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April 12, 1970 - Image 17

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The Michigan Daily, 1970-04-12
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(Continued from Page 17)
pause of it. Oppression can
make people sick -- sick
enough to treat themselves
with drugs that create an
illusion of freedom w h e n
the real thing is denied..
How about the right
to practice medicine?
rhere are quite a few
f us in medicine-
perhaps more than you
might estimate from the
P'.M.A. image we've project-
ed of late - who have the
best of reasons for shiver-
ing in our boots at Mr.
Kunstler's fate. One good
doctor in the community,
one of the, few who is even
willing to treat heroin ad-
dicts, is being muscled
from on high for prescrib-.
Ing too much of a certain
withdrawal drug that he
has every right to pre-
scribe and dispense as he
sees it. Or, if a w o m a n
comes into his office, des-
perate and sick at heart be-
cause she has a tumor
growing in her uterus, an
unwanted pregnancy, he
can cure her all right - as
long as he doesn't mind
risking a long stretch in the
Jackson sodomy mill. Had
nature but arranged that

4 J

I

-w'

.ffr

Why is a "iddle-aging,
life-long Republican
writing this review ?

men would carry only those
pregnancies resulting from
acts of intercourse instigat-
ed by them, then all q u e s-
tions having to do with
freedom of choice in t h e
matter of pregnancy would
have been resolved centur-
ies ago.
A fair question from the
reader at this point would
be: Why is a middle-aging,
life-long Republican psy-
chiatrist and general med-
ical practitioner reviewing
a book written by an off-
beat Associate Justice of
the U.S. Supreme Court? I
don't know. all of the rea-
sons, but it's partly because

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of the Smothers Brothers:
not because I enjoyed their
show particularly but be-
cause they were bounced
off television for rehash-
ing the same old stuff
(pretty good stuff at that)
I used to get in Sunday
School 35 years ago. And
it's partly because I o n 1 y
began to realize within the
past few weeks that n o t
once in my life have I ever
experienced anything but
fear in the' presence of a
policeman, or at the sound
of his siren, or the sight of
his car.
I am still on the payroll
of the University (symbol of
the Establishment, Doug-
las calls it) so I must choose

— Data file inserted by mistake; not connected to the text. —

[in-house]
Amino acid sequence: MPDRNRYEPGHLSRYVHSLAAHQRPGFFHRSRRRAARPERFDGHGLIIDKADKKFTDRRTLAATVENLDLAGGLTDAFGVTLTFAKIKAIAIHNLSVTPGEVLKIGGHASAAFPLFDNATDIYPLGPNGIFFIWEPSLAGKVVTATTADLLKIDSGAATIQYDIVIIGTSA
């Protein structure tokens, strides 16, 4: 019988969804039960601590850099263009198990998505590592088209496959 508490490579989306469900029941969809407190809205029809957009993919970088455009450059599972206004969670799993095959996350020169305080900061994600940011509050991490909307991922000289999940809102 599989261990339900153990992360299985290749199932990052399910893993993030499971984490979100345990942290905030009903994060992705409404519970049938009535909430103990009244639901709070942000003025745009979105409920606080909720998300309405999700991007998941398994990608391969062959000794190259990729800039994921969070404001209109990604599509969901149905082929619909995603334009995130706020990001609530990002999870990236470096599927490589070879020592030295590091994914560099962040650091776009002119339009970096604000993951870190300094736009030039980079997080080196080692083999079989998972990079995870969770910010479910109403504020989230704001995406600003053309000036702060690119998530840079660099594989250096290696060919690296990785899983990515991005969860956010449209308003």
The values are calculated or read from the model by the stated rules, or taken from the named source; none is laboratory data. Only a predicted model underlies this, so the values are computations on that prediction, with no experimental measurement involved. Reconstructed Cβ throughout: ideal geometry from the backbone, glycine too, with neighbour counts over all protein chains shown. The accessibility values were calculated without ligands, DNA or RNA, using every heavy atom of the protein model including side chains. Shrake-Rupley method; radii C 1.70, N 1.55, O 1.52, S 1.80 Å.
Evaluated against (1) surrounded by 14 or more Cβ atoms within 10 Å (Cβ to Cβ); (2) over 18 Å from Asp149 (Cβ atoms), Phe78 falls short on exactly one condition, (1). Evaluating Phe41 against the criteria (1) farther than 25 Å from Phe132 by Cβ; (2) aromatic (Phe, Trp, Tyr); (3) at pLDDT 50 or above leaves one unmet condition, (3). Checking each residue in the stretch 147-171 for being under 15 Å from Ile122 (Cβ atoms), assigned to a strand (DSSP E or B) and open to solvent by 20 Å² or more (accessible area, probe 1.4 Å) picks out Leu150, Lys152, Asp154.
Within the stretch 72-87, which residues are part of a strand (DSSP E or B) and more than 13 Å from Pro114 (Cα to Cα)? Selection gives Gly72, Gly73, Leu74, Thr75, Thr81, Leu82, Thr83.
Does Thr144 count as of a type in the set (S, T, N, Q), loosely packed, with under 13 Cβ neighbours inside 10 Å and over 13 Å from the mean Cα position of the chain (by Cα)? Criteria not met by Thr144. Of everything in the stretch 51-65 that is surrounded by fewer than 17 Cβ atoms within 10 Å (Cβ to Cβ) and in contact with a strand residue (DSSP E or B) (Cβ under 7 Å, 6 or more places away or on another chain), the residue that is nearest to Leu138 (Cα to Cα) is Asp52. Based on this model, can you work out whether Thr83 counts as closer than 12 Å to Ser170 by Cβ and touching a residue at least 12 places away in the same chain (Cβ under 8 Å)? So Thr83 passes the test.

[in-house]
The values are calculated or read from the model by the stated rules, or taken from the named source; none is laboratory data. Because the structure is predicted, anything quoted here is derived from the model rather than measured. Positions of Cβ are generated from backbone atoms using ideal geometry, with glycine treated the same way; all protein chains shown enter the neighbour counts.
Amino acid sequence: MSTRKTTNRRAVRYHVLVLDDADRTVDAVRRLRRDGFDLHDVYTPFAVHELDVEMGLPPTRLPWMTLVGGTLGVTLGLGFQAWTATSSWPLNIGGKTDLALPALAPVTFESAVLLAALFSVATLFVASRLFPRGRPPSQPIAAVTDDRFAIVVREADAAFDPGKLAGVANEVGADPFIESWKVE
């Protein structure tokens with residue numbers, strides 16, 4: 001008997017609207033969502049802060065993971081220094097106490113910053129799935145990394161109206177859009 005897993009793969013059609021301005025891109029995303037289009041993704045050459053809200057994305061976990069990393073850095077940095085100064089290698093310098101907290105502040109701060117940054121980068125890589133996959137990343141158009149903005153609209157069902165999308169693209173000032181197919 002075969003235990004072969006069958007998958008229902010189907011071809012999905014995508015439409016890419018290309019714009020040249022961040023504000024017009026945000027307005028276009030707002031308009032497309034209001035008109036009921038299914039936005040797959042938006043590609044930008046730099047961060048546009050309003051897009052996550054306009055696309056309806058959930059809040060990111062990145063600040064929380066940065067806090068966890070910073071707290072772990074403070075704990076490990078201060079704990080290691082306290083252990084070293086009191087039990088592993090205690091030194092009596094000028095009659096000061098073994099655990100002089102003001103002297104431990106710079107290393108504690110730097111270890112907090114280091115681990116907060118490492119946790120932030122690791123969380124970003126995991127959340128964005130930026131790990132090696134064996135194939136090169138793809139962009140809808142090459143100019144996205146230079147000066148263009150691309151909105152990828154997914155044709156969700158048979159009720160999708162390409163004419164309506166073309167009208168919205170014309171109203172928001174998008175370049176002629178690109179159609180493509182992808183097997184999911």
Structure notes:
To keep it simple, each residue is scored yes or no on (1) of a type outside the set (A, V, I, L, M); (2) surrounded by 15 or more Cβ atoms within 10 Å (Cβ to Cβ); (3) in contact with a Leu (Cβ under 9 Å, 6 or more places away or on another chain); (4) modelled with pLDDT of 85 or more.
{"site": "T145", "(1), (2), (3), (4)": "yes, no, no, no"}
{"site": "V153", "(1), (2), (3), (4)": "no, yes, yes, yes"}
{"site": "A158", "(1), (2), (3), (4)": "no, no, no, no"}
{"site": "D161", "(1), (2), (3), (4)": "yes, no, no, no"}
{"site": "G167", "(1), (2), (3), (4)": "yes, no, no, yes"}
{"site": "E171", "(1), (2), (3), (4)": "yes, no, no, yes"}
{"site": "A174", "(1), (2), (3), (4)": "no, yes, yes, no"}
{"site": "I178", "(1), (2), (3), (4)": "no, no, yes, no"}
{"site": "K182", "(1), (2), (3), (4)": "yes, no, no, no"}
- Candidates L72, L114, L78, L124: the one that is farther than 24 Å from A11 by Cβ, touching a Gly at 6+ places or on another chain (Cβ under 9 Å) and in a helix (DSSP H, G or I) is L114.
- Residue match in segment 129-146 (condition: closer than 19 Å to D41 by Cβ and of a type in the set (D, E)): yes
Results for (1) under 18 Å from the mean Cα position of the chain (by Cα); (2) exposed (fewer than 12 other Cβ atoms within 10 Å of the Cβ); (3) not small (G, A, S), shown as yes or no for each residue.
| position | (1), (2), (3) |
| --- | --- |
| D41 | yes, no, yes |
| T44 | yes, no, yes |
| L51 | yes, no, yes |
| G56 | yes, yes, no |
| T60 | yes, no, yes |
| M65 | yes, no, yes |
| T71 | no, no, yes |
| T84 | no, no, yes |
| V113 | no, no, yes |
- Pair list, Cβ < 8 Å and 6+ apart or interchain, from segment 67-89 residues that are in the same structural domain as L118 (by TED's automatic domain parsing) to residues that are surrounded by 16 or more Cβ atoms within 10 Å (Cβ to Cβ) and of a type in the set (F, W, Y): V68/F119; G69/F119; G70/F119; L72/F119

between dropping out and
ignoring the whole thing or
I hanging in for a hopeful try
at a little internal surgery.
When ideas and the dis-
quieting roar of robust ne-
gotiation do not flow free-
ly, blood does. One of the
men to say that most re-
cently was - Richard Nix-
on.
So, we are talking about
turning ourselves into bomb
tossing anarchists? Perhaps
this may become necessary,
as Justice Douglas implies,
but as the banana republic
revolutionaries on the left
are as much to be feared as
the unwitting fascists on
the right, more promising
options than total defection
to either pole are urgently
needed. Ideally, every citi-
zen would make it his liv-
ing religion to rebel against
every discernible lie, hypo-
crisy or needless oppression
he can possibly find within
his own little microcosm.
Justice Douglas seems to
think there is still a chance
of avoiding armed revolu-
tion, and that our one
bright ray of hope is the
nation's youth. Most of
them are, after all, pacifists
to the teeth, and keenly
aware that the dangers of
fascism from the militant
left are just as great as
those from the right. They
seem to sense that a revo-
lution of words and ideas is
not necessarily a hopeless
aspiration.
But there is little reason
to believe that a bloodless
revolution would be at all
sedate or comfortable for
anyone. Douglas points out
that the powerful and well-
monied Establishment has a
stranglehold on the mass
media. Their public dis-
putes are polite and cal-
culated to charades of con-
troversy, to keeping the
herd assured that the con-
test is above board. But it
really isn't. If millions of
ill-represented youths must
protest and riot to get their
share of time in the open
forum they will undoubted-
ly continue to do so.

The Youth Movement,
furthermore, is not the
work of a few "radical mal-
contents on the lunatic
fringe." It is real, and it
also includes a great many
professorial and practicing
attorneys, auto mechanics,